Having sketched a ground plan of the monastery and its smoke-blackened church, Bell rode into nearby Midyat. Today, this pretty, church-studded town famed for the skill and number of its silversmiths, is undergoing a Mardin-like makeover. Bell saw a run-down place and was watched by the “population of Midiyad, men, women and children” whilst she measured the walls of a ruined church. She then set out northeast to what she rightly describes as “the jewel of the Tur Abdin,” the Church of the Virgin at Hah (Anıtlı). Like Mor Gabriel, it is today beautifully restored and welcoming to visitors. Unfortunately for Bell, it was here that she suffered her only “misadventure … in Turkey,” when she was robbed by local Kurdish tribesmen. Miraculously, with the help of 50 Ottoman soldiers, her gear was returned and she describes how “the villagers of Khakh assembled around the tents and shed tears of thankfulness over the recovered objects.”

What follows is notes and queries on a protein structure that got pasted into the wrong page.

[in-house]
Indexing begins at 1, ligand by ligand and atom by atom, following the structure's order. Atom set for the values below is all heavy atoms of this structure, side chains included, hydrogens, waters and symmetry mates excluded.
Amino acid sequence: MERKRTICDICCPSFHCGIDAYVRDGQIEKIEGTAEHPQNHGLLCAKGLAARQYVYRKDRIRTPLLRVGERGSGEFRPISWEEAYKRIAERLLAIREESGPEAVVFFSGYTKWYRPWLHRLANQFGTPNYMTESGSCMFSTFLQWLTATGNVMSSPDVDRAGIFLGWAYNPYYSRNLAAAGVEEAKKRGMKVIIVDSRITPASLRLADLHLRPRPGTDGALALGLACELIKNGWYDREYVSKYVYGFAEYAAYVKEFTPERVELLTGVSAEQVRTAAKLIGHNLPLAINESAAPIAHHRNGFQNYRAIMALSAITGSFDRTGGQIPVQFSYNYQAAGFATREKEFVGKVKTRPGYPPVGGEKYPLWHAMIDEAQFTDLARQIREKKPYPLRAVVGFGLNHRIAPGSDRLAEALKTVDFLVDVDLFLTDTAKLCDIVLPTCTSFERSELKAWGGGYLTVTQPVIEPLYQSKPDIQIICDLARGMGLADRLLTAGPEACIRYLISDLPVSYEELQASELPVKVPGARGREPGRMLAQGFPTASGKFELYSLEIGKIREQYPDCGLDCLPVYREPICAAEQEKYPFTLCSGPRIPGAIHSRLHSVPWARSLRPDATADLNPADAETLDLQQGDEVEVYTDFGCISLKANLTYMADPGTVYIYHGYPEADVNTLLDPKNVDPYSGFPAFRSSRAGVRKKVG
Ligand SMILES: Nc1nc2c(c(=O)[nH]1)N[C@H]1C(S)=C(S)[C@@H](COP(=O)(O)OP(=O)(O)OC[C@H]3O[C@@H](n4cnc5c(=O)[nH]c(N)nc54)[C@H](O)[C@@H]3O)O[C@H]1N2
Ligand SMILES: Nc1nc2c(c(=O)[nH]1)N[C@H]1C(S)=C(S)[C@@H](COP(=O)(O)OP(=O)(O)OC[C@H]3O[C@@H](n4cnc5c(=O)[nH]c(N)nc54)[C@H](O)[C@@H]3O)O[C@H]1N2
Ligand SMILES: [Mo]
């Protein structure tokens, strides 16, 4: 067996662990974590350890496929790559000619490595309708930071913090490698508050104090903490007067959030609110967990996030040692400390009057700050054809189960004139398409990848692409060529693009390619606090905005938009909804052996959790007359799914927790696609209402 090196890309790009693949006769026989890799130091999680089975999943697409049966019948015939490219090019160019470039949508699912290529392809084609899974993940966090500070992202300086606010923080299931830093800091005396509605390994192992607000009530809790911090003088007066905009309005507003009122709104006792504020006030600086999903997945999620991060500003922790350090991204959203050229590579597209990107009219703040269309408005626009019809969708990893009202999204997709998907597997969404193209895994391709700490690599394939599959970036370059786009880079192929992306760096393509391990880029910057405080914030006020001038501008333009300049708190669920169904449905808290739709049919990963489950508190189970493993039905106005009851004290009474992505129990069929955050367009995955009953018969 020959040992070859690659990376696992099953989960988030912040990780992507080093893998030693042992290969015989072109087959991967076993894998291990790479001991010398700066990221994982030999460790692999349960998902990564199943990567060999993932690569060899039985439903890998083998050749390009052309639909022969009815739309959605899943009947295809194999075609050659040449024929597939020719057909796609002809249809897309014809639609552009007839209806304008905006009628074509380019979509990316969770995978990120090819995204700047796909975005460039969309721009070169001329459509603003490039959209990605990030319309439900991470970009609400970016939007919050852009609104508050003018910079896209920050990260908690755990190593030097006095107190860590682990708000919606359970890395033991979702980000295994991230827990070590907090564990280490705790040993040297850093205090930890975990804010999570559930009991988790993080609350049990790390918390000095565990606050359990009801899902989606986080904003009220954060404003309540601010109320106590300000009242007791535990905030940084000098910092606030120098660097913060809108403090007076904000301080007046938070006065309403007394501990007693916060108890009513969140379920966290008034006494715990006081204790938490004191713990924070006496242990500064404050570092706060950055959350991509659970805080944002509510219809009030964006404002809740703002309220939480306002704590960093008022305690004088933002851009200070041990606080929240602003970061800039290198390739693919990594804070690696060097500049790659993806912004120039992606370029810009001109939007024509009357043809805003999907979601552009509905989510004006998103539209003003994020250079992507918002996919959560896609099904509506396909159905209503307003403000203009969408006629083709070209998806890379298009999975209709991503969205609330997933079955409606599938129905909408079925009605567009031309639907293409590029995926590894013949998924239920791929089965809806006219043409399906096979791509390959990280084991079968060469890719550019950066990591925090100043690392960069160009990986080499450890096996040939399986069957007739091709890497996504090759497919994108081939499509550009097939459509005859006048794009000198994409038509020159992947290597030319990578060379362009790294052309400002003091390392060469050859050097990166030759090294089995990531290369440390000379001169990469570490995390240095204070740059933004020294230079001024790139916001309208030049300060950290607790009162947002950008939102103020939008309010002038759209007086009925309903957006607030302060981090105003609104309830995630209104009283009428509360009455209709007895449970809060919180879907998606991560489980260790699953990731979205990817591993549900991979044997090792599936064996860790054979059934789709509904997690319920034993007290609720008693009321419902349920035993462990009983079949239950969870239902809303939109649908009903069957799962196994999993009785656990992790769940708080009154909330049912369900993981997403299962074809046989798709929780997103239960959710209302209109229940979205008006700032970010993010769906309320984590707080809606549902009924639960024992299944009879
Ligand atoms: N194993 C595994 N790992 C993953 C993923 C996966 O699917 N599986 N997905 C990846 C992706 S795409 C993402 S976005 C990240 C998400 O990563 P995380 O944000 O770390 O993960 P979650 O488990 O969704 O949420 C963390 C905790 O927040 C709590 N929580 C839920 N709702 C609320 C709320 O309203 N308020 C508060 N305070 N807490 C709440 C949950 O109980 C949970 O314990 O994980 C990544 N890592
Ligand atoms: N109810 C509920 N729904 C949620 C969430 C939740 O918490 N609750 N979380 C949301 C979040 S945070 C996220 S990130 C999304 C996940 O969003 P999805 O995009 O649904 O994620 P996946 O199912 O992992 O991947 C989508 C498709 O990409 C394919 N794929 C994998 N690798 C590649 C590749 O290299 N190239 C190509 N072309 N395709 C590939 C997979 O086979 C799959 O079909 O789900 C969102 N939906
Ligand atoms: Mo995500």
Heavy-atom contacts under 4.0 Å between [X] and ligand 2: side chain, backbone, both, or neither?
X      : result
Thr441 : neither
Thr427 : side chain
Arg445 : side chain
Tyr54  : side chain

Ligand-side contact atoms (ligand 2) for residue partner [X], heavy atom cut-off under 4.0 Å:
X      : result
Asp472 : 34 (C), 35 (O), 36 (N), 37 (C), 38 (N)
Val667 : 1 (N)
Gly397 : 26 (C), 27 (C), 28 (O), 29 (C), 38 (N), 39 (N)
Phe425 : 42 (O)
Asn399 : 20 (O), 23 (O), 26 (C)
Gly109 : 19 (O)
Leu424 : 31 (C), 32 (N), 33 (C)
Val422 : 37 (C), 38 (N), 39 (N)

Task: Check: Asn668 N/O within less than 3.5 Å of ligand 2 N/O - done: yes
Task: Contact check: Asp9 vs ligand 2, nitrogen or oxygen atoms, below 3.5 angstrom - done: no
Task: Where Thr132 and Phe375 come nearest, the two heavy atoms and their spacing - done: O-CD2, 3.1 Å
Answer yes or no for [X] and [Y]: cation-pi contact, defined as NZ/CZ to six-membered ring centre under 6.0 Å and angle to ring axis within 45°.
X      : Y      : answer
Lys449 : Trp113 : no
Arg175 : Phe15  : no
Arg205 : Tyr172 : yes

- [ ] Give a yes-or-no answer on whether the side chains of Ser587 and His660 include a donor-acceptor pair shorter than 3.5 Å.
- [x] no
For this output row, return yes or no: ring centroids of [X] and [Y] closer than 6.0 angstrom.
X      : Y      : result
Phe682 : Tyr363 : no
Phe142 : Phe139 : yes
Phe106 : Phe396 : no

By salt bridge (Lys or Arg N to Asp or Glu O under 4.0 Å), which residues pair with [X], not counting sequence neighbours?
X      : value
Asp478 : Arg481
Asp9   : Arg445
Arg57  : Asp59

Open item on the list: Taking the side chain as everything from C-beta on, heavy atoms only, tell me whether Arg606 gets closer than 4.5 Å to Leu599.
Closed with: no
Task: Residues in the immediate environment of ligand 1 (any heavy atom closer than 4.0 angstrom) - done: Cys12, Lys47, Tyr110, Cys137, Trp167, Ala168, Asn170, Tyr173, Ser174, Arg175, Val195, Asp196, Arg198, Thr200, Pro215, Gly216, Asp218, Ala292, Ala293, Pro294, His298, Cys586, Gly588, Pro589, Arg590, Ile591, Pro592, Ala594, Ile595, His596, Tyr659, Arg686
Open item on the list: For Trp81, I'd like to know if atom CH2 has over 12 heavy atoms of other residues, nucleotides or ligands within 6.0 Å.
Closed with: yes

Following a two-and-a-half day ride, Bell and her party approached Diyarbakır, which “stands on a high crest of the Tigris bank, a great fenced city built of basalt.” The Ottoman world was then convulsed by sectarian and religious strife and cosmopolitan, multi-race, multi-faith Diyarbakır was not immune, with Bell noting “there is no peace for the lawless capital of Kurdistan” and “Moslem and Christian were equally persuaded that the other was waiting for an opportunity to spring at his throat.” Despite the tensions within the medieval walls, Bell still had the presence of mind to explore one of Turkey’s most interesting cities before traveling on, as we shall see in a second installment of Bell’s adventures, to distant Konya.

Gertrude Bell

Bell was born in 1868 in County Durham. Her father was a successful and wealthy business magnate, and was three times mayor of Middlesbrough. She graduated with a first from Oxford after just two years’ study, at the age of 18. She went on to travel widely in the Middle East as well as to climb in the Alps. During World War I, she worked for the British government, helping to persuade the Arabs to rebel against Ottoman rule, and in 1922 was responsible for drawing the borders of modern Iraq — a legacy of dubious merit. A keen archaeologist, she died in the state she had helped form in 1926 and is buried in Baghdad.